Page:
Although I’m not a big fan of King Arthur and the legends of Camelot, I could not resist the promise of a queer retelling. Which is a good thing for me, because Spear was a book I genuinely savoured.
It retells the story of the knight Percival, referred to here as Peretur which is the sixth century Welsh version of the name. However, the issue of a name is a fraught one. She was raised in the wild by her mother, a mentally unstable woman who nevertheless has great magical ability and who knows that there is power in names. So for a while, the main character has no fixed name, but is referred to in different ways, depending on whether her mother is having a good day or a bad one.
Eating daily from one of the treasures of the Tuath De, Peretur grows up strong. Knowing how to speak to the animals and insects helps her to learn how to hunt and fight. One day, she saves a group of knights and knows that it is time to leave her home and meet her destiny: to become a knight and to answer the call of the Lake.
It is strange to me that this is such a short book (coming in at under 200 pages, it’s really an oversized novella) because it has the feel of an epic. The language is rich, the initial shock of it seeming almost purple before I acclimatised to its beauty. It paints a natural world that is vibrant and alive, filled with its own secrets and companions, which contributes to a sense of the mythic.
This is shored up by the interweaving of Celtic legend into the traditionally rather Christianised tales of Camelot. Although the Celtic deities nominally remain in the Overland, away from mortals, their presence and the consequence of their actions remain very present. Likewise, the four treasures of the Tuatha De Danann — the stone, the sword, the spear and the cauldron — are material items fought over by immortals and mortals alike. This interweaving brought a new angle to the story for me, making it of more interest, and was so neat it seems surprising it hadn’t been thought of before.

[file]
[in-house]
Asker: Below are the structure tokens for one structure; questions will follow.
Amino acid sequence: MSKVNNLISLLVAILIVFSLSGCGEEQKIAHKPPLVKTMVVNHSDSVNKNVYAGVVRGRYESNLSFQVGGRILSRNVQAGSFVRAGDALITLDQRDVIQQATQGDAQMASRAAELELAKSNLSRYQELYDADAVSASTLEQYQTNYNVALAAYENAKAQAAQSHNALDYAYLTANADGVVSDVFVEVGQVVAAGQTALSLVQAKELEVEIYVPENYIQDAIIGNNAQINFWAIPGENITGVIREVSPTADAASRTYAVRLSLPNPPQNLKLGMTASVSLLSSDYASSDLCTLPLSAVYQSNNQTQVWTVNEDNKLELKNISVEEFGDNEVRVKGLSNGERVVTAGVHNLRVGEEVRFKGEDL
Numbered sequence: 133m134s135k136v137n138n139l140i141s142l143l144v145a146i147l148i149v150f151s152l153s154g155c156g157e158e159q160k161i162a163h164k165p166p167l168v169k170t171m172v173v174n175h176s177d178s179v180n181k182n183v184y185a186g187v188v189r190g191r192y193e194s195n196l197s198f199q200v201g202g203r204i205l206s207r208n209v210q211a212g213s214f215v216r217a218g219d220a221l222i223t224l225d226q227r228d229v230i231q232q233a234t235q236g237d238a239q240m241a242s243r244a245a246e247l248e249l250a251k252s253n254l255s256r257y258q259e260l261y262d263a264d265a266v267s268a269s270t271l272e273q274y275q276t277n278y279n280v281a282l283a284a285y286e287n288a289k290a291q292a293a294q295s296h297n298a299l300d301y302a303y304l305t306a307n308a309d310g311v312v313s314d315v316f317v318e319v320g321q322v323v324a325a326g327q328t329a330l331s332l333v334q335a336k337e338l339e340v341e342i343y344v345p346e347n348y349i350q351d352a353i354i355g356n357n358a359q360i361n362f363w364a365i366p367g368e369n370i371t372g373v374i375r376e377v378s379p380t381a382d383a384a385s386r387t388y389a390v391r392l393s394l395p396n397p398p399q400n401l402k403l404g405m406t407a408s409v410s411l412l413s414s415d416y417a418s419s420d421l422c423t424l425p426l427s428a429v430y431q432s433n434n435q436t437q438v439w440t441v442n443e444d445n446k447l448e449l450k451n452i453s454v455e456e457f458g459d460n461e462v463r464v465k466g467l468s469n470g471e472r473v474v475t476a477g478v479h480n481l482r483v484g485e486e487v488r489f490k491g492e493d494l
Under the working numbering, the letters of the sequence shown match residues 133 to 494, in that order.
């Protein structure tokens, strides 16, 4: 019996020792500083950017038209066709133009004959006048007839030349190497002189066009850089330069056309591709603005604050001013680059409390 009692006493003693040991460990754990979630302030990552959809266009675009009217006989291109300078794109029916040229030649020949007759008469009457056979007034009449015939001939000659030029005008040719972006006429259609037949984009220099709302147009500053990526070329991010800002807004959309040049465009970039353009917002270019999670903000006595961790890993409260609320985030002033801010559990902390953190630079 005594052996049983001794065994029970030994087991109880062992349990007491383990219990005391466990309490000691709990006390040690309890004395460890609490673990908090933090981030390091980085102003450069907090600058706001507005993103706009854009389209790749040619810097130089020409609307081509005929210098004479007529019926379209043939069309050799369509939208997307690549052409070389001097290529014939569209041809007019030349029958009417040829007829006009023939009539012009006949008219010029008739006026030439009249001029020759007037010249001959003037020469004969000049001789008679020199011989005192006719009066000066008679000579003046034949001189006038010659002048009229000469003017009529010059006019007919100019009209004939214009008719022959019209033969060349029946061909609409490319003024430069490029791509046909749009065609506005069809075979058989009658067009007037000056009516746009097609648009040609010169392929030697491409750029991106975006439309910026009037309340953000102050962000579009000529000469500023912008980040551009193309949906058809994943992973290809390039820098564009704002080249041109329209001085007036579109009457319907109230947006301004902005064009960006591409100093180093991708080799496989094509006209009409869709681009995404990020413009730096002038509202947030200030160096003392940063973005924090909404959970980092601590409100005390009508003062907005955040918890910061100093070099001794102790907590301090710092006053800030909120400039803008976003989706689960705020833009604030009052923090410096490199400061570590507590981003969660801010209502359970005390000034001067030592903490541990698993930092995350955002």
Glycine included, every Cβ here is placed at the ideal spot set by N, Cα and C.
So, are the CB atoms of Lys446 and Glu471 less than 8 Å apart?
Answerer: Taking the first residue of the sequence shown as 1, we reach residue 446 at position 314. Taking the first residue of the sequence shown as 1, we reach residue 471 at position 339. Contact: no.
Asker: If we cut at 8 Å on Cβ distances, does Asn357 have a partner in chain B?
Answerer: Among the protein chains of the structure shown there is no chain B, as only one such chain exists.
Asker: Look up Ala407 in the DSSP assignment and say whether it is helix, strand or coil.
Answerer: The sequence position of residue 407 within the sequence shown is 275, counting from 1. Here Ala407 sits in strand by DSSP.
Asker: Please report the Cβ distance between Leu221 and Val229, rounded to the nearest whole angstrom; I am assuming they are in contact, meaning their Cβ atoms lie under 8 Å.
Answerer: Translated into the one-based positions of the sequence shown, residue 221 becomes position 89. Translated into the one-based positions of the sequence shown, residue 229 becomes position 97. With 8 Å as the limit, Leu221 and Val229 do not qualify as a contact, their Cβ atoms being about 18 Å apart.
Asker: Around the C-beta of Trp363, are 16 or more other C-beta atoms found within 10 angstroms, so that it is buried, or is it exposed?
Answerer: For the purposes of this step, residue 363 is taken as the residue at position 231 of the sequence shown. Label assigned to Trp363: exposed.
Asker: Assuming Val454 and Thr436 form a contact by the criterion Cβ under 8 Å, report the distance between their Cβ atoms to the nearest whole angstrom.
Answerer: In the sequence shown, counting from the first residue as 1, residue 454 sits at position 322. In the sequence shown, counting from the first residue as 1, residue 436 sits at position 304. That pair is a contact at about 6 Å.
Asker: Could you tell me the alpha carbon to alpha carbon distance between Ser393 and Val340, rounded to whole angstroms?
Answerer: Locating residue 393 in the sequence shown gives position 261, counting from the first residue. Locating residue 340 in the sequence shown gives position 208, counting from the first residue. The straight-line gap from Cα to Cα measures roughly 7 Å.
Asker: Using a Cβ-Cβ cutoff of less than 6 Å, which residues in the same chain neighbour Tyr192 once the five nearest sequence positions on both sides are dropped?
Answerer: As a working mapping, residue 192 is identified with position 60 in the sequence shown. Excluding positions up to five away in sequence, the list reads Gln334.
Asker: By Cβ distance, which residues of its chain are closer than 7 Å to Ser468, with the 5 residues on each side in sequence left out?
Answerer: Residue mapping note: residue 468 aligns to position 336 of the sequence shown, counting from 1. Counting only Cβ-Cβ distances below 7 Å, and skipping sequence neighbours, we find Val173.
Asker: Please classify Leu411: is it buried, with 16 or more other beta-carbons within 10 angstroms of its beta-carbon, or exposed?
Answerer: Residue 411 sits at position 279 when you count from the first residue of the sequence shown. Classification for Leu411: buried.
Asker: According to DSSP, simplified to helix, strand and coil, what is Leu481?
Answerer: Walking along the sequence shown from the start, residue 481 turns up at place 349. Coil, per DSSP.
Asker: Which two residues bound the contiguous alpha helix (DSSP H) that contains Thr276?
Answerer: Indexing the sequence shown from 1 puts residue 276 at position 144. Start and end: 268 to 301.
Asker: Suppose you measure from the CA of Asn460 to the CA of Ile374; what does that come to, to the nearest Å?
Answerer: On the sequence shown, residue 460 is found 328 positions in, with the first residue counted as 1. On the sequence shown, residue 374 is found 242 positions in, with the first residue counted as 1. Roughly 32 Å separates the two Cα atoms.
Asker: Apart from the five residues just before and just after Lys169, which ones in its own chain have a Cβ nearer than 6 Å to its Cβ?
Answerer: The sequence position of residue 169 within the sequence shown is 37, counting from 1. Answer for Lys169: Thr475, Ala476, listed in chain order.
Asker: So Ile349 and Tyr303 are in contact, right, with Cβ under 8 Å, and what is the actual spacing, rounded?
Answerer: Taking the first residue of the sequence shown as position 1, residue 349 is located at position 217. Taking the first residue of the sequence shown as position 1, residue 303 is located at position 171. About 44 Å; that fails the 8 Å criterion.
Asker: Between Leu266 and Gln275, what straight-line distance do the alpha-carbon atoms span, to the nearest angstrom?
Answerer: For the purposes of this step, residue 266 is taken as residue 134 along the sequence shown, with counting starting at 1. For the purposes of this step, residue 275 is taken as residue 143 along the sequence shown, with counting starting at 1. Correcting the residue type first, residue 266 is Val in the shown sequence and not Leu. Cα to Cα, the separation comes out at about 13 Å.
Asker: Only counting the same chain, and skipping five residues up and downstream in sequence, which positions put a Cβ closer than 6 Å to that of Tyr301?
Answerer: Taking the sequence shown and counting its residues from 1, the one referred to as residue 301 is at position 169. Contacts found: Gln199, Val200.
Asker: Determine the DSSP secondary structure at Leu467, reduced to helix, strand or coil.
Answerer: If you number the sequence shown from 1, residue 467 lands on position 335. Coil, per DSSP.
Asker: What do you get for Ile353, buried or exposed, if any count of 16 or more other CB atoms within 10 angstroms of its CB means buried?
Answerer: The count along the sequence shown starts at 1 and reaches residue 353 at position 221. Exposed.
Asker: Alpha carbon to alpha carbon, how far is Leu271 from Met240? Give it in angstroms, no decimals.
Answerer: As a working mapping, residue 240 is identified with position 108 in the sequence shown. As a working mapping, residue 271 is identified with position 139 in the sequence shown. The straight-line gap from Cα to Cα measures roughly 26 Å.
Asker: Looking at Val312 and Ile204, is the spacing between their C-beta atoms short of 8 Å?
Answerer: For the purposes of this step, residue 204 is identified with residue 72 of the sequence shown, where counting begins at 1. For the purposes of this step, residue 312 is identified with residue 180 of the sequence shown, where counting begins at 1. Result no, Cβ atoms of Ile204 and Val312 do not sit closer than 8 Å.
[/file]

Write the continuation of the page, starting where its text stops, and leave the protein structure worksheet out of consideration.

(Although, perhaps it has. The author’s note humourously comments on the time-honoured tradition of stealing and reworking elements, common not only to the creative process in general, but in renditions of the legends of Camelot in particular. I’m very unfamiliar with the source material and therefore not in a position to judge definitively.)
Another relatively fresh approach to the tale was the diversity of the cast. While Peretur did not read to me as trans (her pronouns were consistently she/her and there was no indication of gender dysphoria; cross-dressing seemed mostly a matter of practicality and a way of being socially acceptable in the kind of role she wanted to fill), she was most certainly queer. The king’s Companions include knights with a range of skin tones; notably, white is not the assumed default and is explicitly described where present. Nor are the knights necessarily able-bodied. Delightfully, this makes Lance a brown, disabled, bisexual man (thus subverting the love triangle I always hated by making it a triad). The author herself puts it best:
“Most importantly for me, historical accuracy also meant this could not be a story of only straight, white, nondisabled men. Crips, queers, women and other genders, and people of colour are an integral part of the history of Britain — we are embedded at every level of society, present during every change, and part of every problem and its solution. We are here now; we were there then. So we are in this story.”
Spear was the very first book I read in 2022 and it set the bar high. I was captivated by the magic of it, and its poignant longing to belong even after having the door shut in one’s face (multiple times). In the end, I don’t know whether to hope for a sequel or to simply relish this compact slice of epic.